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Newsletter No.63


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                             Free Pint
         "Helping 28,000 people use the Web for their work"
                    http://www.freepint.co.uk/

ISSN 1460-7239                                    25th May 2000 No.63
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                           IN THIS ISSUE

                             EDITORIAL

                       MY FAVOURITE TIPPLES
                       from Michelle Alcock

                        TIPS AND TECHNIQUES
        "Maximising Press and PR Exposure via the Internet"
                         By Stuart Cliffe

                             BOOKSHELF
        "Competing with Information - A manager's guide to
         creating business value with information content"
                     Reviewed by Martin White

                          FEATURE ARTICLE
                  "XML : Perception to Practice"
                         By Stuart Campbell

                           FREE PINT BAR
                         by Simon Collery

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FT.com has launched a new online bookshop which enables users to buy
FT.com imprints and other business related books at discounted prices

  You can also take part in a live discussion forum with the author
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                      >>>  ABOUT FREE PINT  <<<

Free Pint is a community of business professionals who use the Web
for their work. Members receive this free newsletter every two weeks
packed with tips and articles by information professionals who share
how they find quality and reliable information on the Internet. Sign
up at <http://www.freepint.co.uk/> for free access to the substantial
archive of articles, book reviews, industry news and events, and have
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                             EDITORIAL

I spoke a couple of issues back about the importance of fundamentals
and long term viability of Internet businesses.  I'm currently reading
a fascinating book called "Of Permanent Value" about the
tremendously successful stock market investor Warren Buffett. This is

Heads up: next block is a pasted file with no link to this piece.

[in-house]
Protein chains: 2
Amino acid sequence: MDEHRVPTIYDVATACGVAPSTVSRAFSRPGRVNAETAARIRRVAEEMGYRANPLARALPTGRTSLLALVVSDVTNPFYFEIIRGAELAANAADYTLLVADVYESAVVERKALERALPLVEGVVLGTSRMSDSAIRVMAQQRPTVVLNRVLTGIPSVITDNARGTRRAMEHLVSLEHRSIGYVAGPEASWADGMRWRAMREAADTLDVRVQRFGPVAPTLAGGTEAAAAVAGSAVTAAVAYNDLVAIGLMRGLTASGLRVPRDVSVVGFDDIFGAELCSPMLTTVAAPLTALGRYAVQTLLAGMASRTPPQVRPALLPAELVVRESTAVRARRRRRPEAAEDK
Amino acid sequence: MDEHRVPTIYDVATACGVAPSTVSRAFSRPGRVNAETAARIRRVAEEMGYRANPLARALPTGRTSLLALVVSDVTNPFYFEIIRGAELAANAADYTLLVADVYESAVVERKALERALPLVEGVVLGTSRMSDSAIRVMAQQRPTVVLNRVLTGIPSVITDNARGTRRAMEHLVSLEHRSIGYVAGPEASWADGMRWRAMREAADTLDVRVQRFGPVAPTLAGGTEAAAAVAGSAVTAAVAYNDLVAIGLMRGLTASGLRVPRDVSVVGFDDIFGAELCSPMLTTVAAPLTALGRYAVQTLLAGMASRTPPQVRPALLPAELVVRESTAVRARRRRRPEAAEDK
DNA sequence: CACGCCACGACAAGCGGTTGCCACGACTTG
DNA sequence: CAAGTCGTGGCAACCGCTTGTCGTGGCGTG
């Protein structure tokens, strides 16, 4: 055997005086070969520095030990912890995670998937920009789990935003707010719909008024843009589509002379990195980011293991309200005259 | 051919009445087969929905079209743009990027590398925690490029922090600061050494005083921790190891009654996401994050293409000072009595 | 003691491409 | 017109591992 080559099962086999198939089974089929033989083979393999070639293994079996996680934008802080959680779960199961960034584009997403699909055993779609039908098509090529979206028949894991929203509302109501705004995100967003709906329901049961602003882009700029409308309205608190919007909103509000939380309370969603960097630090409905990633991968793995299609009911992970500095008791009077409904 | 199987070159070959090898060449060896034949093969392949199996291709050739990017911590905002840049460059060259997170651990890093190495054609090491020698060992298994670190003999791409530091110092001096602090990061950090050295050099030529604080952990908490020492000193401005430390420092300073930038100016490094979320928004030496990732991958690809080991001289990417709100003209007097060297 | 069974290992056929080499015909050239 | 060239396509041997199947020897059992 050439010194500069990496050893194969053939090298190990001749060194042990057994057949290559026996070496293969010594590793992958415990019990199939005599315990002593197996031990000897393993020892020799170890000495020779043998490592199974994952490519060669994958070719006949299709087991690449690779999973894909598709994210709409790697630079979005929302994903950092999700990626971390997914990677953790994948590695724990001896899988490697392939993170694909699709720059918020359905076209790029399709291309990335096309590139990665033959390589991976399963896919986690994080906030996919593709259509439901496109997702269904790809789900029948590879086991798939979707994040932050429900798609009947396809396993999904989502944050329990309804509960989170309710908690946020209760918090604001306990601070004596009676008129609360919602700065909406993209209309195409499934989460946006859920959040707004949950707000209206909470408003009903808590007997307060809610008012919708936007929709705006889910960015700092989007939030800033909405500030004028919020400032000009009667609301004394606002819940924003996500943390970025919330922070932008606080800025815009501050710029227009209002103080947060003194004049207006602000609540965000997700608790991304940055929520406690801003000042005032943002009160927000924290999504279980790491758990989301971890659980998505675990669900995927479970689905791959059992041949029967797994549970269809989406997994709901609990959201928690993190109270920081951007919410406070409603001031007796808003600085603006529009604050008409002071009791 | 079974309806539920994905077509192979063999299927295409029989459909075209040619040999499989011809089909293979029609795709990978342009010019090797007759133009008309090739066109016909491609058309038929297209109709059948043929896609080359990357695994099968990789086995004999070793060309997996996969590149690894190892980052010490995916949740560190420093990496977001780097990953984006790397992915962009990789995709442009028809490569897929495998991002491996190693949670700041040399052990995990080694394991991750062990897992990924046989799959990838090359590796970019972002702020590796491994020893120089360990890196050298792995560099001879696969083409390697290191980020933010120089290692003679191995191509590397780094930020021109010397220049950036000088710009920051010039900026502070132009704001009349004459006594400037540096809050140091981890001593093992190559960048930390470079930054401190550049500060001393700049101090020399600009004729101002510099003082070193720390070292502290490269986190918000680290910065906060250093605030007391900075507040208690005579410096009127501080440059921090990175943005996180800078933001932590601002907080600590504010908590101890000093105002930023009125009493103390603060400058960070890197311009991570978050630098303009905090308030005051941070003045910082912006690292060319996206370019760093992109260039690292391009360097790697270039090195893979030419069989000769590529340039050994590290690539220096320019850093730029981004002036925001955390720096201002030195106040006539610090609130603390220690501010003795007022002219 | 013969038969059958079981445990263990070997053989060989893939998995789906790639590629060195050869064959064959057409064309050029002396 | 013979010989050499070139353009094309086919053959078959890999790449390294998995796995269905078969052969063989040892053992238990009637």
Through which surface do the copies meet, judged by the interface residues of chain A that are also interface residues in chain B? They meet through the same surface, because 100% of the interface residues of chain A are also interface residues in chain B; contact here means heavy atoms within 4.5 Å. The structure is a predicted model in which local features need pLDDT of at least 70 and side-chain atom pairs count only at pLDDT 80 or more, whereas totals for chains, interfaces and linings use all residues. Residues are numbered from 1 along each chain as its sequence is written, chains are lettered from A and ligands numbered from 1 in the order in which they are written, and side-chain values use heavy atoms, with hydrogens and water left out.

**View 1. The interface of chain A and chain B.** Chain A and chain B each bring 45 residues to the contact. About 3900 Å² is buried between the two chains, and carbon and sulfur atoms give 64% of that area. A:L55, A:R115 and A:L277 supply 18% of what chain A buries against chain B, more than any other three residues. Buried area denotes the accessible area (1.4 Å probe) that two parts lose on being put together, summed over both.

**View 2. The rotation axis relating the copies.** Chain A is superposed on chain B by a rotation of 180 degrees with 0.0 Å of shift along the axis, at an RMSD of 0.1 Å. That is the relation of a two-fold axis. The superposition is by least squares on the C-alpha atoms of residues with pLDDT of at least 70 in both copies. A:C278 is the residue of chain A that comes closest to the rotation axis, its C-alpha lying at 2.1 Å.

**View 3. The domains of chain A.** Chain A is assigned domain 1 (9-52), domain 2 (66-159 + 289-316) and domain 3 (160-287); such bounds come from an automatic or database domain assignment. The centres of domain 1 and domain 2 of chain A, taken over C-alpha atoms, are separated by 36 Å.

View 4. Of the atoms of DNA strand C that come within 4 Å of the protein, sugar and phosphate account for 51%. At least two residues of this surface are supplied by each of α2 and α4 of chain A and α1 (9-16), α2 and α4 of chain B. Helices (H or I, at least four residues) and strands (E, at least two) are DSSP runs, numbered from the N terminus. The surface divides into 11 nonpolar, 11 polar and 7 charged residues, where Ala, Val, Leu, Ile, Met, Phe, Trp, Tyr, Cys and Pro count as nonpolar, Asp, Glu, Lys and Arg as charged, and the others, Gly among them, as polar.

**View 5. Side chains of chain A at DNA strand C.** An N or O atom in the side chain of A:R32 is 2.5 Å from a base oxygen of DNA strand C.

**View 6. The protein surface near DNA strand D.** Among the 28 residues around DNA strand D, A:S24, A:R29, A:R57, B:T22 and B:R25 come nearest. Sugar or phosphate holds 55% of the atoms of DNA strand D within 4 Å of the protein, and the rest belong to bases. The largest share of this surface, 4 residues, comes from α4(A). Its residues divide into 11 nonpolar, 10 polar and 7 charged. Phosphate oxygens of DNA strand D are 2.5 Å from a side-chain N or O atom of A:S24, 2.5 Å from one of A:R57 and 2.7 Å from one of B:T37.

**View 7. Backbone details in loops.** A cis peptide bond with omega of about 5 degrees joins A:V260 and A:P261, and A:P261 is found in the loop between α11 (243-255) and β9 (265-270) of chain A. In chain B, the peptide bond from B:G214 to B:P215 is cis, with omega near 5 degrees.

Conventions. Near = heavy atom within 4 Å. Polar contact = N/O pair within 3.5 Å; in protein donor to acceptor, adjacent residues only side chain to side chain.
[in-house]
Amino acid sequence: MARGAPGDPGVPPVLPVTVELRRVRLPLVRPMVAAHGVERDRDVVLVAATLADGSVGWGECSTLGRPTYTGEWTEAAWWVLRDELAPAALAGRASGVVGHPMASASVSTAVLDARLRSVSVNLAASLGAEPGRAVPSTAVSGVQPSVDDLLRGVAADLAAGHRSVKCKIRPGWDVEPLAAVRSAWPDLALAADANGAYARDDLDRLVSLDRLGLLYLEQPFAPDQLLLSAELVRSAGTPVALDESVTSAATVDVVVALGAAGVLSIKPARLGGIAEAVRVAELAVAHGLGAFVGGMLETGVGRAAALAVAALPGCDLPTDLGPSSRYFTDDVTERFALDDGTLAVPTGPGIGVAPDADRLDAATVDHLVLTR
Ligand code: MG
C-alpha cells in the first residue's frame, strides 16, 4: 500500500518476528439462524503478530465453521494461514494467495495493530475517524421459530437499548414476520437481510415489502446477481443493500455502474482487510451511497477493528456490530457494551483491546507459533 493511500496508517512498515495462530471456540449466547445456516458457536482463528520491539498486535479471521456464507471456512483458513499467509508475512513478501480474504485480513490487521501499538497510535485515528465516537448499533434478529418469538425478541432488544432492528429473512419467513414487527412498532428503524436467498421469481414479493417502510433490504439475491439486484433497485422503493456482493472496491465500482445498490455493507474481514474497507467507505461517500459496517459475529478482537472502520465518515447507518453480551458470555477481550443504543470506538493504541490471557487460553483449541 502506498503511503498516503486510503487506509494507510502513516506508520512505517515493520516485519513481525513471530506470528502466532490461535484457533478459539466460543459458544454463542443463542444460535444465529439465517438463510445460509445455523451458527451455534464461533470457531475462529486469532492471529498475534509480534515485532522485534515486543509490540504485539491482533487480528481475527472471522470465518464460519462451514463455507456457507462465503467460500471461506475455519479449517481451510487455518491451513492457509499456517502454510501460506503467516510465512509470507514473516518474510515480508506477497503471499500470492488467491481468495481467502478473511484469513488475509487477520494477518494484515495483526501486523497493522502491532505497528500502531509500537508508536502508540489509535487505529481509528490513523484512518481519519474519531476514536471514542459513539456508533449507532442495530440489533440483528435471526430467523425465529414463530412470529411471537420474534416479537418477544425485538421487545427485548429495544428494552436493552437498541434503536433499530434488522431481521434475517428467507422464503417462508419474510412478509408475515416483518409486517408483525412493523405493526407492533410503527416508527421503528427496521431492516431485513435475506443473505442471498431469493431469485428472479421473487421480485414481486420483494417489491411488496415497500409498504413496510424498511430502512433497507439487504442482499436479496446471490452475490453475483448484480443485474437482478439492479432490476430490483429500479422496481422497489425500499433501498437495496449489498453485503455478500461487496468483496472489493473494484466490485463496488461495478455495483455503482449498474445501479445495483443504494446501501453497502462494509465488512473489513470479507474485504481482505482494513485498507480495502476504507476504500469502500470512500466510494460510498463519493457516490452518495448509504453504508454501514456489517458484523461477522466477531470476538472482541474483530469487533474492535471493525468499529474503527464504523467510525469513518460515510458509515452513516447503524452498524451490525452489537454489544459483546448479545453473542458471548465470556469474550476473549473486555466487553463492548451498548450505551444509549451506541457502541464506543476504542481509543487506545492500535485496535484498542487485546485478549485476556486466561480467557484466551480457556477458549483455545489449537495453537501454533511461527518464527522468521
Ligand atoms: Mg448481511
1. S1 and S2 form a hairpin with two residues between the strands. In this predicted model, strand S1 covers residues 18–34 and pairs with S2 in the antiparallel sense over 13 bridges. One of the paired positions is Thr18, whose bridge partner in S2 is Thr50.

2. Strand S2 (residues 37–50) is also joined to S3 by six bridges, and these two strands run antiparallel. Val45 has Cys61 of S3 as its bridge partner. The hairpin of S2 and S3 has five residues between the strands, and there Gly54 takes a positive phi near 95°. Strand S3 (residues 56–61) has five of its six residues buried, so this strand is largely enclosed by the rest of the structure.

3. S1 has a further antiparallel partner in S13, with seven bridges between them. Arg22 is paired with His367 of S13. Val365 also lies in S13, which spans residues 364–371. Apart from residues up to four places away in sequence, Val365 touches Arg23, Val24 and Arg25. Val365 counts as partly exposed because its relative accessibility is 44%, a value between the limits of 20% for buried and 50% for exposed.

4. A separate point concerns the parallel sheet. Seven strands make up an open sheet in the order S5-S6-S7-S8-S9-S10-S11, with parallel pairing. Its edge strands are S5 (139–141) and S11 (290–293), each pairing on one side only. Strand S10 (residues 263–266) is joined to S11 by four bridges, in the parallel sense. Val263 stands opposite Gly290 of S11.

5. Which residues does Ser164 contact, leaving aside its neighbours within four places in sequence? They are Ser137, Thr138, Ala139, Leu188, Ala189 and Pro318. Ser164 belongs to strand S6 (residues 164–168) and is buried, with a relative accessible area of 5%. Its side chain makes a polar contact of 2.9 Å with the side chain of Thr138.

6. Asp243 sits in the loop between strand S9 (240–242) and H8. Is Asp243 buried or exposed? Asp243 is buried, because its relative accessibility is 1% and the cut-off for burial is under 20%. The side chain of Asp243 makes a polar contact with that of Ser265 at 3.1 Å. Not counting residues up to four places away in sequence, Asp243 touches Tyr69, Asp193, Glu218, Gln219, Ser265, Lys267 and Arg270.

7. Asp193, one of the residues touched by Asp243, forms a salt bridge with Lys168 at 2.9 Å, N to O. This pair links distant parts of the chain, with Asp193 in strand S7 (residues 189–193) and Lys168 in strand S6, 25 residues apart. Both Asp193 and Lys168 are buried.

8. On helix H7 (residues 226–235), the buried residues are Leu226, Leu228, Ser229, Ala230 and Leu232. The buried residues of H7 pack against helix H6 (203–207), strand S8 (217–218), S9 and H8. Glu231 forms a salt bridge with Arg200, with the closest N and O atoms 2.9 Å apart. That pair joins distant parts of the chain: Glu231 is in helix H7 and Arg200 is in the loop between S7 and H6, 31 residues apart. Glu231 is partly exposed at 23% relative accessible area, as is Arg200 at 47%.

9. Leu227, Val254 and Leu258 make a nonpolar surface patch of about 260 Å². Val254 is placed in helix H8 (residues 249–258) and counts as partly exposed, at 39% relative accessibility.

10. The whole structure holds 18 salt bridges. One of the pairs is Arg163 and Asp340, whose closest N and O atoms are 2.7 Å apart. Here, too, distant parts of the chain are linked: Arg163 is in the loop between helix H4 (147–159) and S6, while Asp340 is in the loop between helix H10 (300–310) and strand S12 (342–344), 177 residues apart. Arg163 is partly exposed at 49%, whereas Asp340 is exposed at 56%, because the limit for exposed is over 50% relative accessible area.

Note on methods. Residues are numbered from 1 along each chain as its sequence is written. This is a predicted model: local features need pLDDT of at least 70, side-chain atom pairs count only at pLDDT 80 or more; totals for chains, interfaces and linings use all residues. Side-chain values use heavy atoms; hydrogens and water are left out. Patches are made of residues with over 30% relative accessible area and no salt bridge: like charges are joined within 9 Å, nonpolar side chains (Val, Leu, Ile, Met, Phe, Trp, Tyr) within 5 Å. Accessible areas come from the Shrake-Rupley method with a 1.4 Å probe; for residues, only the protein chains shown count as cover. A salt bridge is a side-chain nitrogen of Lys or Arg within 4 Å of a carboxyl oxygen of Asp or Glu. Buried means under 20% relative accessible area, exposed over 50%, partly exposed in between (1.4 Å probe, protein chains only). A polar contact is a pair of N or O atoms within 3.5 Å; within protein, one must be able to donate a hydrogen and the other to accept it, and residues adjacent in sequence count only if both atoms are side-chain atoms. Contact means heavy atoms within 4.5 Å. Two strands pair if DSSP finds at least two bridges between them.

the guy who believes in investing in stocks and shares for the long
term and who has managed to achieve compounded rates of return
equivalent to 30% year on year for the last forty years.

Even with the recent market corrections for business-to-consumer
dotcoms and liquidation of certain high-profile sites, most of the
criteria he has used over the years to value businesses still apply
in the new economy. Indeed, the famous troubleshooter
Sir John Harvey-Jones (former Chairman of ICI) was speaking at the
Institute of Directors only last week about how IT doesn't change
business fundamentals, just the pace of change.

My day yesterday at the busy "Internet World" and "Online Information
for the City" shows underlined all of this, highlighting the amount
of buzz surrounding this industry which is now being tempered with a
bit more realism.  Indeed whilst talking for the City Information
Group yesterday evening about online communities, I found out from
friends that their flotation plans have been put on hold. They have
already followed the investment route but I feel happy that companies
like theirs, with demonstrable core competencies, have nothing to
worry about in the current climate.


We're working on an exciting new membership system at the moment which
will allow you to login to the Free Pint Web site and modify your own
account online. We'll be writing to you shortly with a password which
will allow you to have much greater control over your subscriptions to
Free Pint content.

In today's issue there is definitely something for everyone. As well
as the usual mix of tipples, goings-on at the Bar, book review and
forthcoming conferences, we have a super article about getting great
PR from simply being helpful. If you're a Webmaster and think you
should know more about XML then the feature article couldn't be a
better introduction.

We do value your feedback on any aspect of the newsletter, either
directly to me or at the Bar online. If you can pass this edition on
to your colleagues or spread the word any other way then that really
would be appreciated.

Kind regards,
William

William Hann BSc MIInfSc
Founder and Managing Editor, Free Pint
e: william@freepint.co.uk
t: +44 (0)1784 455435
f: +44 (0)1784 455436

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                       MY FAVOURITE TIPPLES
                       from Michelle Alcock

* <http://www.google.com> This is a search engine which only
   searches. You won't find the weather or the news on its home page.
   It is fast and usually brings up what I want in the first couple
   of sites returned.

* <http://www.anzwers.com.au> Another search engine, but I find this
   one particularly useful for Australian queries.

* <http://www.bluemountain.com> This is a greeting card site.
   I often forget friends' birthdays and this site gives me the
   opportunity to send them a card electronically.

* <http://www.ipl.org> This is the site of the Internet Public